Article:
The Toronto Sun has published two columns by Lorrie Goldstein on the YouTube videos “Home Invasion David Suzuki Style” and “Green Energy Act Paradox”. The old-fashioned references are “Suzuki Silliness” (Thursday June 25, 2009) and “Beware ‘cosy relationships'” (Sunday June 28, 2009). These columns appeared in many papers across Canada.
Here is one paragraph from “Suzuki Silliness”:
“Yesterday, a spokesman for the (David Suzuki) foundation told me it didn’t focus on this aspect of the law because it knew early on McGuinty wasn’t going to go through with these ‘Big Brother’ provisions.”
So far, this statement appears to be the only reaction to the videos from the David Suzuki Foundation. Please post any other responses people are aware of from Suzuki.
The only way to accept the comments of the David Suzuki Foundation (DSF) to Lorrie Goldstein at face value, is if DSF knew the details of McGuinty’s legislative strategy when DSF issued this on the day the legislation was released:
If so, why was McGuinty issuing a bill with provisions he intended to remove? Why would McGuinty not have issued the bill he wanted? Is it possible that DSF and the others formed their opinions of the GEA based on briefings they got from the government but didn’t read the bill before extolling it in public?
If so, why was McGuinty issuing a bill with provisions he intended to remove?
It is not unusual for governments to include something controversial in a bill to draw attention away from other controversial elements of the bill. However, in this case, I suspect they also included it to see if they could get away with it.
with the Tories focusing on a leadership campaign at the time, the libs probably just tried to push it through. People have this odd perception that anything that Suzuki would endorse must be good for everything.
The reason Mcguinty removed the search and seizure clause, was because it could be a potential Charter of rights challenge on the basis of unlawful search and seizure. It’s not the first time something has been stopped or altered by that basis, just look at what the federal government is trying to push through the house now. a search provision that allows police to search your e-mails and a list of your activities online without a warrant, which was stopped many times before by a potential charter challenge anyways, and probably will again.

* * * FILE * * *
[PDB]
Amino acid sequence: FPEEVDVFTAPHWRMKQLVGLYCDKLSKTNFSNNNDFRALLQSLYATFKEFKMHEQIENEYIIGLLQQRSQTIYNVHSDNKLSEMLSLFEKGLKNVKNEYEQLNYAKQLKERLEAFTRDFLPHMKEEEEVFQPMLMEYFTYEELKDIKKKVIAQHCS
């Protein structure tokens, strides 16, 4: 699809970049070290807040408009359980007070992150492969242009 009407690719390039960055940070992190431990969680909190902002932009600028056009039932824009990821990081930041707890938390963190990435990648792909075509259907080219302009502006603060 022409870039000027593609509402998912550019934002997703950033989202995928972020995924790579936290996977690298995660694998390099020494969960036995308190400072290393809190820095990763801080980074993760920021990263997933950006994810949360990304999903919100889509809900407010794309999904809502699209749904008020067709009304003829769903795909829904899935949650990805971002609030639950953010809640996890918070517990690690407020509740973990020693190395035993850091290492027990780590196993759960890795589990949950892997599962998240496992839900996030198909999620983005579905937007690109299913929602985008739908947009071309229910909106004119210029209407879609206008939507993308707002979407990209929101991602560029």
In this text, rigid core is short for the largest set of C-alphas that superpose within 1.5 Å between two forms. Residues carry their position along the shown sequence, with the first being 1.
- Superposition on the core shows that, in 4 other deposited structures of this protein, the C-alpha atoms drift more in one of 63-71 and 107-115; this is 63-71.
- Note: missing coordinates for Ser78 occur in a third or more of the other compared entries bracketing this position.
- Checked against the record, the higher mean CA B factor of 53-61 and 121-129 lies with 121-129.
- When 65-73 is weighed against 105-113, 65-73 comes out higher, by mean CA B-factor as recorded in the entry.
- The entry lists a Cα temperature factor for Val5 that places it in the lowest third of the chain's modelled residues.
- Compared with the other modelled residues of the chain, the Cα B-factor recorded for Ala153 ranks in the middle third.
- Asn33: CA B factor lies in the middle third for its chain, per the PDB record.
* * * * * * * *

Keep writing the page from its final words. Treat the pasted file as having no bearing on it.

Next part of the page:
the right to privacy and the right to unlawful search. Read up on your charter, because I have a feeling there are going to be more violations coming in the name of being green.
The “reverse onus” clause is the real kicker for me.
Section 142.1 (2) states: â€œA person mentioned in subsection (1) may, by written notice served upon the Director and the Tribunal within 15 days of a day prescribed by the regulations, require a hearing by the Tribunal with respect to a decision of the Director under section 139 in relation to a renewable energy approval.â€
Section 142.1 (3) states: â€œA person mentioned in subsection (1) may require a hearing under subsection (2) only on the grounds that engaging in the renewable energy project in accordance with the renewable energy approval will cause serious and irreversible harm to plant life, animal life, human health or safety or the natural environment.â€
Section 145.2.1 (3) states: â€œThe person who required the hearing has the onus of proving that engaging in the renewable energy project in accordance with the renewable energy approval will cause serious and irreversible harm to plant life, animal life, human health or safety or the natural environment.â€
Frankly it would not surprise me to hear that they did have prior knowledge and that Suzuki is in with these politicians, but that being said it may not be a bad thing…but it could be.
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